HomeBlogsjhowser's blogBarbershop Harmony Society Looks To Broaden Membership Through Outreach Effort

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We were very happy to find out that there are a lot of singers out there. There really are. Its just a matter of reaching them, Hopkins said.

As part of the outreach effort, the Barbershop Harmony Society is first setting its sights on men between the ages of 35 and 54, many of whom grew up with barbershop music and might have an inclination to join a group. After that, the society is looking at the younger generation, ages 18 to 35.

The goal in the end is to form lots of different kinds of chapters and groups throughout the society. That would include some that are preparing for competitions and some whose members are there primarily to socialize.

It would also include groups that only want to sing barbershop and some that want to mix in other styles as wella notion that tends to ruffle some feathers among barbershop purists.

In past decades, members of the society often had a with us or against us attitude when it came to the barbershop style, Hopkins said. But now the society aims to work with any group that is interested in a cappella music and do anything it can to support vocal harmony.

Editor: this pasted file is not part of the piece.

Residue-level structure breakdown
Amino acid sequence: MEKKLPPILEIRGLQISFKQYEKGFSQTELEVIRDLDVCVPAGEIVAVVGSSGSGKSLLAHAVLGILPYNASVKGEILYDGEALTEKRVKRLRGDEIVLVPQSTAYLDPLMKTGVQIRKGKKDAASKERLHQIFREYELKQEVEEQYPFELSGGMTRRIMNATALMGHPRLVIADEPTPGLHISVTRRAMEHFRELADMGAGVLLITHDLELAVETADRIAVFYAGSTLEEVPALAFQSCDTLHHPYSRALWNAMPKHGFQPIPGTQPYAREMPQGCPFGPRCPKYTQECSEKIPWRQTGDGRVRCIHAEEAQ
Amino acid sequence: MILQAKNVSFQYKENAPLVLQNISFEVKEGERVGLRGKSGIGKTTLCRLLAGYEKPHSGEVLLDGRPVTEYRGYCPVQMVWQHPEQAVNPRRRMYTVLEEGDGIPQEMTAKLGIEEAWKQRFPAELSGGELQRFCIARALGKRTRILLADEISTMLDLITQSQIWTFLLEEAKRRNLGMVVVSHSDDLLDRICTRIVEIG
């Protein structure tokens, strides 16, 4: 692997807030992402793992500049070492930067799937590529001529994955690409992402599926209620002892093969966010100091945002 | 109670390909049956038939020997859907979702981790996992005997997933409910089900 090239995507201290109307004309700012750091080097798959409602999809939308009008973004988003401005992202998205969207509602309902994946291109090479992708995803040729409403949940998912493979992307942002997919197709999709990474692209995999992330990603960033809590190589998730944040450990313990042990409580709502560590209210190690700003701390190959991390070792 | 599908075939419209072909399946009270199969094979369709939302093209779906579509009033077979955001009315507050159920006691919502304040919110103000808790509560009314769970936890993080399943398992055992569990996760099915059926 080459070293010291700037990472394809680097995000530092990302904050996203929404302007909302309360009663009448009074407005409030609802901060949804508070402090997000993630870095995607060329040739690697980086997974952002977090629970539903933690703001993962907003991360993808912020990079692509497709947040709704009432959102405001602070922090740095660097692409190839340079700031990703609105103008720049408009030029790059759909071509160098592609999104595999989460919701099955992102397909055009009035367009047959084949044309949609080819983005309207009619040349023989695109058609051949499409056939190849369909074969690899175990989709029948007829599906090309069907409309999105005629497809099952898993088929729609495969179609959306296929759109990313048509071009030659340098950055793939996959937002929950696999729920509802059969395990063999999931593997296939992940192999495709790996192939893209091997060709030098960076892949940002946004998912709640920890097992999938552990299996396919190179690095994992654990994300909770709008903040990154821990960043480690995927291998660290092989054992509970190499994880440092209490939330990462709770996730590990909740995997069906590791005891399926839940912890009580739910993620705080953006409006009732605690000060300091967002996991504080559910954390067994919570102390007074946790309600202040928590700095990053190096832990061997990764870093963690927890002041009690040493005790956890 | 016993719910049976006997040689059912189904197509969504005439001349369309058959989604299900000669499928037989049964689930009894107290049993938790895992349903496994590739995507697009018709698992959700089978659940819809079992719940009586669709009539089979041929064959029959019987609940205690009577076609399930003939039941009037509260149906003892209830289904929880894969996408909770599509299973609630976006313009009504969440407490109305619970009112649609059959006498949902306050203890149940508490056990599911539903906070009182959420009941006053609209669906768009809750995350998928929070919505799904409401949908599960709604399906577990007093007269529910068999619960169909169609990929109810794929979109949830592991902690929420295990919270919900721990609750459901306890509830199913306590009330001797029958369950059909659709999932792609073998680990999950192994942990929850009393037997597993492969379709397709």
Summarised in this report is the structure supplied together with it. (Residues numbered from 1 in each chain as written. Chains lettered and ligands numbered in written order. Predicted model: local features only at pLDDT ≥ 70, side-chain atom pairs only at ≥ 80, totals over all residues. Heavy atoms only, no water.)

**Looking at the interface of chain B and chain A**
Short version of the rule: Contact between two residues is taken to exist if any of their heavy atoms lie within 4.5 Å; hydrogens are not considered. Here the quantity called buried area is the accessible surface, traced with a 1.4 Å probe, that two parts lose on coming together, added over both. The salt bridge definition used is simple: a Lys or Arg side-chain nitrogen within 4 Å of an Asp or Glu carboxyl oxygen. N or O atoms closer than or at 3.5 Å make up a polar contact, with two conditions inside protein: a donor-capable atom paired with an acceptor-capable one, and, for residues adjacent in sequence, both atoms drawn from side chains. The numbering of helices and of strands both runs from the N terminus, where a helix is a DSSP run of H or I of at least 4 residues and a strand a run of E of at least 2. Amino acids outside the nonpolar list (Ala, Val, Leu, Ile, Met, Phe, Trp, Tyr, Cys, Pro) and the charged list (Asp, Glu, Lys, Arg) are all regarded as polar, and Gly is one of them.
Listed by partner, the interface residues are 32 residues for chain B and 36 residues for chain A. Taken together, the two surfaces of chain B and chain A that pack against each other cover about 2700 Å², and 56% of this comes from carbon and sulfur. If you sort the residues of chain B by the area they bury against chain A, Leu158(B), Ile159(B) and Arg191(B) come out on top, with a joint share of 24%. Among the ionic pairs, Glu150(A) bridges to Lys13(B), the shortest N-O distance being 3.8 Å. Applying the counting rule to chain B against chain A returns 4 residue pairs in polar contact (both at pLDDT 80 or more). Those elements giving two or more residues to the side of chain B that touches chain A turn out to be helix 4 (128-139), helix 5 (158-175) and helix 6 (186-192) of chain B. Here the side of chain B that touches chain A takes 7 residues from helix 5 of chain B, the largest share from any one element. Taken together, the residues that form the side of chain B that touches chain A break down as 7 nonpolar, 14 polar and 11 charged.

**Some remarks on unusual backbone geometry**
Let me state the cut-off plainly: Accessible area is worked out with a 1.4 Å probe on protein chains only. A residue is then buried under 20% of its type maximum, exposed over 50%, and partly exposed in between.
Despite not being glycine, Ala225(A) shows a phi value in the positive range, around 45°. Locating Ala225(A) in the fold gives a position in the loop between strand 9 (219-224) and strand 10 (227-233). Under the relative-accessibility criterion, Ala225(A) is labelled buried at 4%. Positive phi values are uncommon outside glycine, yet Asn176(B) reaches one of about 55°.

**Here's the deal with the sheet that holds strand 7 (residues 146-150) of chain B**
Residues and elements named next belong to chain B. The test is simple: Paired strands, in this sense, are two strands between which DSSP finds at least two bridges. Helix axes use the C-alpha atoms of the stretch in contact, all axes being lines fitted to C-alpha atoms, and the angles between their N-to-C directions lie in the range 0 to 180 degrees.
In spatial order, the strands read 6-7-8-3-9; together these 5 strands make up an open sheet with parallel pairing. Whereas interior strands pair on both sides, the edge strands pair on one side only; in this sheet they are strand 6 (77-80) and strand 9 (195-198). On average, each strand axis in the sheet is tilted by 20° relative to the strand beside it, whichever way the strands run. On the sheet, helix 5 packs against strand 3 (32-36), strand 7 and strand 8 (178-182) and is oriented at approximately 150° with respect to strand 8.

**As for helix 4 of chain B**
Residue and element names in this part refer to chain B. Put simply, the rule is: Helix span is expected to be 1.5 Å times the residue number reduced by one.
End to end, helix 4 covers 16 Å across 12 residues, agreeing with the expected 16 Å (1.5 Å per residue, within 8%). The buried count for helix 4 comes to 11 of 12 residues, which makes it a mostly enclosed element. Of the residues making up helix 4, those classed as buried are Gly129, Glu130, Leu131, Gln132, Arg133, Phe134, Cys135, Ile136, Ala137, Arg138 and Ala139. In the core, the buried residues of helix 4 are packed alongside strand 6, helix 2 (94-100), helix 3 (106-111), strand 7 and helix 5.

We want people to do what works for them, Hopkins said. Even if a college group, for example, only wants to do a couple barbershop numbers, theyre still preserving a style that BHS members feel really strongly about.

Basically, the society feels it needs to try to appeal to different generations of singers in order to increase membership. While there are always concerns about preserving the barbershop style, the society has seen a positive response as well as a wider variety in the kinds of songs groups are singing, Hopkins said.

The societys outreach campaign relies on current members to bring in new singers. It offers ideas about recruitment and retention and even provides cash prizes for chapters that bring in the most. Hopkins hopes that will provide enough incentive for current members to become active recruiters.

I think the natural inclination for a lot of folks is to really enjoy the people they are singing with now and not think about how much more fun it would be with more people, he said.

A large increase in membership could allow the organization to increase its lean staff, Hopkins said. The society is also looking for a new city to serve as its headquarters, having sold its Harmony Hall in Kenosha, Wisc., a few years ago. Current frontrunners include Dallas, Chicago and Nashville.

These changes make for exciting times at the Barbershop Harmony Society, Hopkins said.

Our goal is to keep the whole world singing. We want as many people as possible to be involved in a cappella harmony, he said.